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Don't Miss This Very Interesting 1904 Forge Welding Film from The Library of Congress

Discussion in 'The Hokey Ass Message Board' started by T-Head, Dec 27, 2012.

  1. T-Head
    Joined: Jan 28, 2010
    Posts: 3,936

    from Paradise.


    We found this incredible film from the Library of Congress (click here to watch it) in it a group of men
    forge weld one area of a large ring. They use the heat from a fire and weld it the old fashioned blacksmith way, after multiple heats and much hand and steam hammering. Take a few minutes to watch this fascinating look back at how it was done well over 100 year ago. The ring is presumably a piece of a generator or motor.

    The film was made by the American Mutoscope and Biograph Company during 1904 and filmed by
    camera man, G.W. “Billy” Bitzer. The film above was shot on April 18, 1904, at the Westinghouse
    Electric & Manufacturing Co. in East Pittsburgh, Pennsylvania.

    Last edited: Dec 27, 2012
  2. pops29
    Joined: Jun 4, 2007
    Posts: 513

    from turlock ca

    That is a great video --- That is when men were men !!!!
  3. spot
    Joined: Jun 10, 2009
    Posts: 204

    from usa

    Wow, Love to see footage like this, Thanks for posting.
    Man just watching those guys swing those hammers without stopping is amazing.
    We really have gotten soft. (as I sit at a desk and type)
  4. Really cool, thanks! Notice the size of the arms on some of those guys? I can't imagine the heat and noise as well.....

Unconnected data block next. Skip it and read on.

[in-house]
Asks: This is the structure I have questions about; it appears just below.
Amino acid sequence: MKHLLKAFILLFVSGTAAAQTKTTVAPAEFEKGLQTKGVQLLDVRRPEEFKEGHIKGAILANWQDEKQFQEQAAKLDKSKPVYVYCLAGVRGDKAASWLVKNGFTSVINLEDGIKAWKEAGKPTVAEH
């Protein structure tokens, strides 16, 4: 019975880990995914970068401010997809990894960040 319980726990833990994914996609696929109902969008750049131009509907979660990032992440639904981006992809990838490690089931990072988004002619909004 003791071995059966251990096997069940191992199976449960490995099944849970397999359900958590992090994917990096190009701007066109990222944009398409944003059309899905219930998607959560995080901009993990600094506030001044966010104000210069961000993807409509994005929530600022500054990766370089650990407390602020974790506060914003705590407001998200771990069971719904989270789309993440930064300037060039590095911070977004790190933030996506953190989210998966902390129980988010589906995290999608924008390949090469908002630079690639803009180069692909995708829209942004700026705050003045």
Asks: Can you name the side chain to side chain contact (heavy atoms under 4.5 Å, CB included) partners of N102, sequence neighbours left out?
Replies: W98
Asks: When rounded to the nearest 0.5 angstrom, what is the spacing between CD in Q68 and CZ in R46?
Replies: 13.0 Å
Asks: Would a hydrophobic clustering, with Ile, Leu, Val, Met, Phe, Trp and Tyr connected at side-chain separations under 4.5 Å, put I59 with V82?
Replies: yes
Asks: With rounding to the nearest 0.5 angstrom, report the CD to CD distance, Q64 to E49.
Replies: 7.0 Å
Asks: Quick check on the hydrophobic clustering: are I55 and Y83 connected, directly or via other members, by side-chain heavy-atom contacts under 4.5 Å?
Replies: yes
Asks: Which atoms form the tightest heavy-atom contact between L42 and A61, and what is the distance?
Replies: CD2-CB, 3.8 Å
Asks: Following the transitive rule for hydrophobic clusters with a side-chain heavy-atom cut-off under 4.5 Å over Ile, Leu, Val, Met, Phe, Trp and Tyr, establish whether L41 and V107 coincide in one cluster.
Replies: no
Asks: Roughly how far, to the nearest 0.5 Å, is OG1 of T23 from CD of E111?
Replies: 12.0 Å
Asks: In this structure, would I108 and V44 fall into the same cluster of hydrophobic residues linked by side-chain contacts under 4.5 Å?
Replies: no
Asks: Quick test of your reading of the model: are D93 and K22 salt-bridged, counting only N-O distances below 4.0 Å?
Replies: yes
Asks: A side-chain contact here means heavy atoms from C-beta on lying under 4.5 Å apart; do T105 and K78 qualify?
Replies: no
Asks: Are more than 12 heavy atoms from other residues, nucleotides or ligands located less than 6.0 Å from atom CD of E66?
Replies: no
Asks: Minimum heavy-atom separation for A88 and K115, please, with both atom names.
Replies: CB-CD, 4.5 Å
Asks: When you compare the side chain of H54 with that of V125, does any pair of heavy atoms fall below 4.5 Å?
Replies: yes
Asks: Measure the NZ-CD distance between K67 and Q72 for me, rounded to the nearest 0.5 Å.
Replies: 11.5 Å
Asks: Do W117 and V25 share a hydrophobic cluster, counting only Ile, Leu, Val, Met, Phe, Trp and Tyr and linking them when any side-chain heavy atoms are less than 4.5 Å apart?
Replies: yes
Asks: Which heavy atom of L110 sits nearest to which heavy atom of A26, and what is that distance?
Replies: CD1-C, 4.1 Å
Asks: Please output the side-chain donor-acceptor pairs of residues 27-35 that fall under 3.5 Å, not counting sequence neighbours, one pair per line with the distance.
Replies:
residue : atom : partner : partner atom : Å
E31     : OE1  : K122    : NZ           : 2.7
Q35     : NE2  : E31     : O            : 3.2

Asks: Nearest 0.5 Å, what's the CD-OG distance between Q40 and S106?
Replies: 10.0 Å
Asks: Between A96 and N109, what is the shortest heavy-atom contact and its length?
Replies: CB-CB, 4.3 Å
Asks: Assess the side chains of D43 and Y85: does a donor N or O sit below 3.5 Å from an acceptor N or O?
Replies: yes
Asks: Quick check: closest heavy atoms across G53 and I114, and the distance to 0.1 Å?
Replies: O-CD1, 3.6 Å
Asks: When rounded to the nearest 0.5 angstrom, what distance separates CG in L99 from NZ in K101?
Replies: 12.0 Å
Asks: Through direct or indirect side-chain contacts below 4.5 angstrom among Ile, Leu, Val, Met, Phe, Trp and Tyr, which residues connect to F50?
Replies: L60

5. damagedduck
    Joined: Jun 16, 2011
    Posts: 2,342

    from Greeley Co

  6. 19Fordy
    Joined: May 17, 2003
    Posts: 7,381


    Those are the guys that made America great. Just think, no OSHA.
  7. TheTrailerGuy
    Joined: Jun 18, 2011
    Posts: 392


    Anyone who looks at this film and doesn't consider himself somewhat of a woos by comparison isn't getting the concept... these knew how to put in a days work!
  8. moefuzz
    Joined: Jul 16, 2005
    Posts: 4,950


    I couldnt make those links work so though I would post links for anyone else that needs them....

    <iframe src="" allowfullscreen="" frameborder="0" height="360" width="480"></iframe>

    <iframe src="" allowfullscreen="" frameborder="0" height="360" width="480"></iframe>

  9. need louvers ?
    Joined: Nov 20, 2008
    Posts: 12,906

    need louvers ?

    Exactly what I was thinking! I'm a reletively tough guy but I could never see myself swinging a hammer that hard and long a time for any real duration. My other thought was just what the hell that ring was for? I wonder if it's still extant somewhere...
  10. hotcoupe
    Joined: Oct 3, 2007
    Posts: 515


    that was back in the days when the ships were wood and the men were steel!
  11. Fred Smith
    Joined: Nov 12, 2011
    Posts: 27

    Fred Smith
    from Ohio

    Holy cow both of those were really cool...thanks
    Joined: Feb 22, 2007
    Posts: 298

    1. oHIo

    Real men at real work. gotta love it.
    Cadillac Al:cool:
  13. bill s preston esq
    Joined: Feb 1, 2011
    Posts: 315

    bill s preston esq

    in that first video, anyone notice the guy in the background (not working on the ring)? he was swinging a hammer almost constantly whenever the camera panned over that way.